With the nearly limitless ways to connect online, we sometimes forget about the importance of offline networking. It’s seems quaint, even old-fashioned. I was discussing with a colleague the other day how her daughter, a recent college graduate, secured a position in her field at a company whose name you would recognize immediately. Despite the lingering recession and the lackluster employment figures, she was hired prior to her actual graduation date.
How did she do it?
Focus. Faith. Feeling.
First, she had clarity. She knew what she wanted, and she took the actions necessary to create the outcome she wanted. For example, she attended a state conference for PR & Communication professionals where a representative of her target employer was speaking and introduced herself. From there, she secured a paid internship at the same company to add to her prior internships at two high-profile non-profits. She’ll graduate with a 3.8 GPA and a degree in Public Relations.
I laugh every time I recall my Web developer telling me that one of her client’s thought that she was a search engine. I know that those outside the online marketing and SEO arena feel completely in the dark when it comes to search engine optimization. I know because I talk to business owners every day. And, I suspect, they will never understand how Google works or the definition of an algorithm. Why should they?
Web developers the world over have over-complicated SEO. My experience with developers is that they like to throw technical roadblocks in front of us mere mortals. There’s an intellectual arrogance about many developers that smacks of elitism. My sense is that they’re basically insecure because the truth is THEY DON’T KNOW EVERYTHING. And, neither do I.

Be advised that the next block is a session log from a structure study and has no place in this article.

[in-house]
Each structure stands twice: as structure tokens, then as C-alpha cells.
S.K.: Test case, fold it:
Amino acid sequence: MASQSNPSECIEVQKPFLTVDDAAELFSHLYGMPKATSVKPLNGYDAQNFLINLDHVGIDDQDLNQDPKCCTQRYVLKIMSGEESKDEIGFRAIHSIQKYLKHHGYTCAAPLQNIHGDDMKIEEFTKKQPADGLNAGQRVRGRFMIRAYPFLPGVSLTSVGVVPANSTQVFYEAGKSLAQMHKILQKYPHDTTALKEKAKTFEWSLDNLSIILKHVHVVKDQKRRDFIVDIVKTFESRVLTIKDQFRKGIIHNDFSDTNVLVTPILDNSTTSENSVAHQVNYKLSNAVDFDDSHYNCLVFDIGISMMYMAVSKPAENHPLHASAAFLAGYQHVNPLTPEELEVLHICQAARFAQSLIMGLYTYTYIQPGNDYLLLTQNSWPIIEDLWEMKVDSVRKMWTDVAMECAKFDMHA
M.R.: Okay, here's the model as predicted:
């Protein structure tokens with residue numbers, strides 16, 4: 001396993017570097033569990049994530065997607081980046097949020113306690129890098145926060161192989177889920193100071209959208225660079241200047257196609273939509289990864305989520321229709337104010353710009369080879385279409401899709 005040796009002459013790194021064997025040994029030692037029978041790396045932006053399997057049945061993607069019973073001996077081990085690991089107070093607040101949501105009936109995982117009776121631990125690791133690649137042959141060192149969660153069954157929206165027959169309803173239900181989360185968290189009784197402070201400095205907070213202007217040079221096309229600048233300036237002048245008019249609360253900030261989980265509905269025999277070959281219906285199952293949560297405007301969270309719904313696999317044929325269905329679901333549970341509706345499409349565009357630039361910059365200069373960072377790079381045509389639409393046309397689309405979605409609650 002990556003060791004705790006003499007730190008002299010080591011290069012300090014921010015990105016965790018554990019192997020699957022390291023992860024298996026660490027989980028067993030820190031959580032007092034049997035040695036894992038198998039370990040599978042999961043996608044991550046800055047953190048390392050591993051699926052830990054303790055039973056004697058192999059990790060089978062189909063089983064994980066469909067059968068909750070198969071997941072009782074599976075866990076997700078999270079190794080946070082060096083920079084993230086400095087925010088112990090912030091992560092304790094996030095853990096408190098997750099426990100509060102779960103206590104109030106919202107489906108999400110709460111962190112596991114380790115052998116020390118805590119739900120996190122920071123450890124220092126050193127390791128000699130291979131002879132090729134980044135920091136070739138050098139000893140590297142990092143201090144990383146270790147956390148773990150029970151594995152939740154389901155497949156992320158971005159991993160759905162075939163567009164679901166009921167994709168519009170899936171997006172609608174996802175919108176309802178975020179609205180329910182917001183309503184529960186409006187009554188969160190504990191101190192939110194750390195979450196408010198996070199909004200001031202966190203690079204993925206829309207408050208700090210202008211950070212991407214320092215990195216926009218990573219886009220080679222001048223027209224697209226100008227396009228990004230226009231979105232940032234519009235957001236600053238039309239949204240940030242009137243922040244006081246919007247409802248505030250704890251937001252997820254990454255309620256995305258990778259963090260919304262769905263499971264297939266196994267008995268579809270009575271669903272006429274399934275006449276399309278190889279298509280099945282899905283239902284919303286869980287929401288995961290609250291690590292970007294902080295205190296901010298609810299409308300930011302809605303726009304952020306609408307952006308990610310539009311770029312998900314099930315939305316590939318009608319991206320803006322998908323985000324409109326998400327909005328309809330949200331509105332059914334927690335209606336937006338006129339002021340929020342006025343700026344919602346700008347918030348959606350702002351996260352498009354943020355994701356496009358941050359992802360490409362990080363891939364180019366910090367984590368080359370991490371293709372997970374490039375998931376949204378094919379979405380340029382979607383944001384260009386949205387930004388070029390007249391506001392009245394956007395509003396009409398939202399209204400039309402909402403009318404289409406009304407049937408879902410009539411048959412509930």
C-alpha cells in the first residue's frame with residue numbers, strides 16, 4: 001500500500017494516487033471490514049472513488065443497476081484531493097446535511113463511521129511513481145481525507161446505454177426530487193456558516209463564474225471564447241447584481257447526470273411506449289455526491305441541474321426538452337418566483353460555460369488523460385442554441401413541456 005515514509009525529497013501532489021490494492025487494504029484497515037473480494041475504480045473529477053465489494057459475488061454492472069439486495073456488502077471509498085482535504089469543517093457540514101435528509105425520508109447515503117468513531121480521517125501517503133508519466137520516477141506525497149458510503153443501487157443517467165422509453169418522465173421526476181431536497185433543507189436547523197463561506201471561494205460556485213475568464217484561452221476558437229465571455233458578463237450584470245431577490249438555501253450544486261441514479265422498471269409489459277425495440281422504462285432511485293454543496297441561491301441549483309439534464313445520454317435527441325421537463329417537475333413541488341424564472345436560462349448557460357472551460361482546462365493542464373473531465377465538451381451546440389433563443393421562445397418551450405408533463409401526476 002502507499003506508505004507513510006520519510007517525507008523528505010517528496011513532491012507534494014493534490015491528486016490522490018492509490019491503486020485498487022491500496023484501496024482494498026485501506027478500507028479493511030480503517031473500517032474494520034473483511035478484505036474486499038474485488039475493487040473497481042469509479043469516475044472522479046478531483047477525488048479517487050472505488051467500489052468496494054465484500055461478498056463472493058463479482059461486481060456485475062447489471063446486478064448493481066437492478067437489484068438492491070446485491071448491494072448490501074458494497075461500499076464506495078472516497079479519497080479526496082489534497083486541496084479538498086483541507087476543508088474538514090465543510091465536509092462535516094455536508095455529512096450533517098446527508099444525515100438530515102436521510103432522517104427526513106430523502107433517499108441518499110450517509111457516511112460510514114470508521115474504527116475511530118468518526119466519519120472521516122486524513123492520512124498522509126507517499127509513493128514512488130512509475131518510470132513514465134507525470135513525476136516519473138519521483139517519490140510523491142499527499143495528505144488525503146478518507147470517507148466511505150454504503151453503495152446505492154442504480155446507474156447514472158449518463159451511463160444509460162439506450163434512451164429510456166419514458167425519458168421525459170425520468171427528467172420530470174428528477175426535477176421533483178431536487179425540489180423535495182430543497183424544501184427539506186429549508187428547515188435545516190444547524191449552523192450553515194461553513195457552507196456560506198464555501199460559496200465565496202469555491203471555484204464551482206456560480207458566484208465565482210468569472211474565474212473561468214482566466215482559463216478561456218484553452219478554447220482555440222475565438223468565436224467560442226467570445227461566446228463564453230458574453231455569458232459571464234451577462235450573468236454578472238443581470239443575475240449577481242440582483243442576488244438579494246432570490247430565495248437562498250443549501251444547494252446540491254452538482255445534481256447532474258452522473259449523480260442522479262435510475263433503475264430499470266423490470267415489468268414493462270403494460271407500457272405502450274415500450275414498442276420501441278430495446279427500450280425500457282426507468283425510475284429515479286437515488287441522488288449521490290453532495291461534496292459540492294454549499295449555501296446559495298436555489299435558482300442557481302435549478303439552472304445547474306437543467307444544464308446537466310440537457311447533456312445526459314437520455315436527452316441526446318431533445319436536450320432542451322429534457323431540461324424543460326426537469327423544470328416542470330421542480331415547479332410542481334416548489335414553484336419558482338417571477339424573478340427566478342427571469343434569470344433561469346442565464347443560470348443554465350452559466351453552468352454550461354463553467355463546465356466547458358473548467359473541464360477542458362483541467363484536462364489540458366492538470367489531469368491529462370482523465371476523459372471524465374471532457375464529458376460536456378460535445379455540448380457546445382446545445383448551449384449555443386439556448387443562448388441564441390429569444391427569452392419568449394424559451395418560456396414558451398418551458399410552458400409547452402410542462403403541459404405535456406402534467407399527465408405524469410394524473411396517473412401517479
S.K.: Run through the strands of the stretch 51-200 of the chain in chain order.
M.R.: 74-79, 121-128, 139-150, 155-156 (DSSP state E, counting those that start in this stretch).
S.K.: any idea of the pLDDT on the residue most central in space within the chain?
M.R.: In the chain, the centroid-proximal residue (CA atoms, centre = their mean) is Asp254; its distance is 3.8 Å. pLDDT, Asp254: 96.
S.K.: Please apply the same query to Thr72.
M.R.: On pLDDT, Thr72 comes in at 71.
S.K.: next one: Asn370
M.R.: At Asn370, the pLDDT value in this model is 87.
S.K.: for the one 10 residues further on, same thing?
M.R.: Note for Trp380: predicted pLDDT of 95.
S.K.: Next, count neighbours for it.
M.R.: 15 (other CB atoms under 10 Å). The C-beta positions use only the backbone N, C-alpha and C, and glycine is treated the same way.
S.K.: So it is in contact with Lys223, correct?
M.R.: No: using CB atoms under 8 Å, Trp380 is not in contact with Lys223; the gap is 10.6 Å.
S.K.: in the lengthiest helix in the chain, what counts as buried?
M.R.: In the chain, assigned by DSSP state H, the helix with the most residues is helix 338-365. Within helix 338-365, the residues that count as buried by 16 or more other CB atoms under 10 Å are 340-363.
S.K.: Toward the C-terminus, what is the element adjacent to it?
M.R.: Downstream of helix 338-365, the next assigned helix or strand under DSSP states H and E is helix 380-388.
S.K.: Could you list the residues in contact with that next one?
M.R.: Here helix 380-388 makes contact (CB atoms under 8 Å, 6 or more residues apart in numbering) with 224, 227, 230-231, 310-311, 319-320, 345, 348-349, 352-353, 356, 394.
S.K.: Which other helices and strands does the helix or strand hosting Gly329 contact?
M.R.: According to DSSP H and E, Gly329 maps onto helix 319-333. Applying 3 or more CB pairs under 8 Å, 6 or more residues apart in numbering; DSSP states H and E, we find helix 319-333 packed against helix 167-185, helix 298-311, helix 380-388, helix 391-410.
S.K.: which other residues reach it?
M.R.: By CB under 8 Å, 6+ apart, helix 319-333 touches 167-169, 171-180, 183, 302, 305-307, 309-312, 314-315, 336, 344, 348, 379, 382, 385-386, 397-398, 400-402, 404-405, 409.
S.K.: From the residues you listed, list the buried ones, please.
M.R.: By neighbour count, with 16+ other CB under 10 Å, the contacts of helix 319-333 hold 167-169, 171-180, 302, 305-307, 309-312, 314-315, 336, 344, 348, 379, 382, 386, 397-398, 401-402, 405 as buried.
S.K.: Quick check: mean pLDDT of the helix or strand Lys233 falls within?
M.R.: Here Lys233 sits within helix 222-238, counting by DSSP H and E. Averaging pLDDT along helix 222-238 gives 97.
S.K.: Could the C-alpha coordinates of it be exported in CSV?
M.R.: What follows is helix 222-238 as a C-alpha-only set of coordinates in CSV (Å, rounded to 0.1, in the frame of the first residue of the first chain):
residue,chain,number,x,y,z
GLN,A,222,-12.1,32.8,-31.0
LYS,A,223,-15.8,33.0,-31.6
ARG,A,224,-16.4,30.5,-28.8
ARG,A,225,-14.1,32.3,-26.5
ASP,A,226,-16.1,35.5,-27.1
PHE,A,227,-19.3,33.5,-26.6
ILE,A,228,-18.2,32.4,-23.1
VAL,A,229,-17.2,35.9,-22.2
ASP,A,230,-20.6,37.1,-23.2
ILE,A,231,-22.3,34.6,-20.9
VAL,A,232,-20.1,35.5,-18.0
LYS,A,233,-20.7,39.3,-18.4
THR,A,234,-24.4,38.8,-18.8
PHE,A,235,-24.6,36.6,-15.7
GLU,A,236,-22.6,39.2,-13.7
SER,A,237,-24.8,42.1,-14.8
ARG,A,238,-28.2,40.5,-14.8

What I do know is that when you make your client feel stupid or anxious, you are failing miserably, even if you have their website ranking for key terms. Read the rest of this entry »
For months, I’ve let this simmer, wondering how this would fit into any SEO strategy since my client roster doesn’t include any big consumer brand.
Then a month ago, Eric Taubert, an unconventional thinker, posted a TED video with the provocative title, “What Facebook and Google are Hiding From the World.” The speaker implores us (or anyone who spends any time online, which would be most of the world) to break out of the “algorithmic bubble.”
As someone who’s watched “natural” search become more and more unnatural, I was heartened to hear someone else recognize that the Emperor Wears No Clothes. These two gigantic portals, one a closed society (Facebook) and the other pretending its doors are open to all (Google) are collectively shaping what we see and, by extension, what we think.
When we allow Google to determine the direction of our queries, we risk letting a company, who’s tagline is “Do No Evil”, erect the technological equivalent of the Berlin Wall. How ironic?
When I say “pretend,” you only need to read Aaron’s thorough outing to see that the system is “gamed” or study the search engine results page (SERPs) for any competitive keyword query.
Google continues to push Adwords into first place positions funneling traffic to larger companies (read: brands) that pay more for their ads.
Smaller businesses will continue to lose out in competitive search spaces, which is not a news flash to most online marketers. If your business is fighting to be placed above the fold and in a first place position, you’re either going to have to pay for it or pick a better fight if you’re competing for high value keyword terms.
While Facebook used to be an economical alternative to Google Adwords, I had one client tell me that his Facebook ads are now three times as expensive as they were when he started his campaign a year ago.
I knew when I read the SEOBook article that Aaron was onto something; I just had to wait for a few more pieces of the puzzle before the cold scary reality set in:
Search engines don’t want to simply own your desktop; they also want to steal your money and own your mind.
Blogging has become the number one social media marketing tool today. If you’re serious about online marketing, your blog is your hub for all your inbound marketing efforts. You use it to push out content and your readers/customers amplify your words or message to their friends and business associates. Blogging is the best thing since sliced butter — until it’s not.
With the explosion of any new medium (although I would argue that blogging isn’t new), a number of compatible tools emerge. Just think of all the tools you have to manage your search engine optimization (SEO) efforts. Some of these tools serve us and some do not.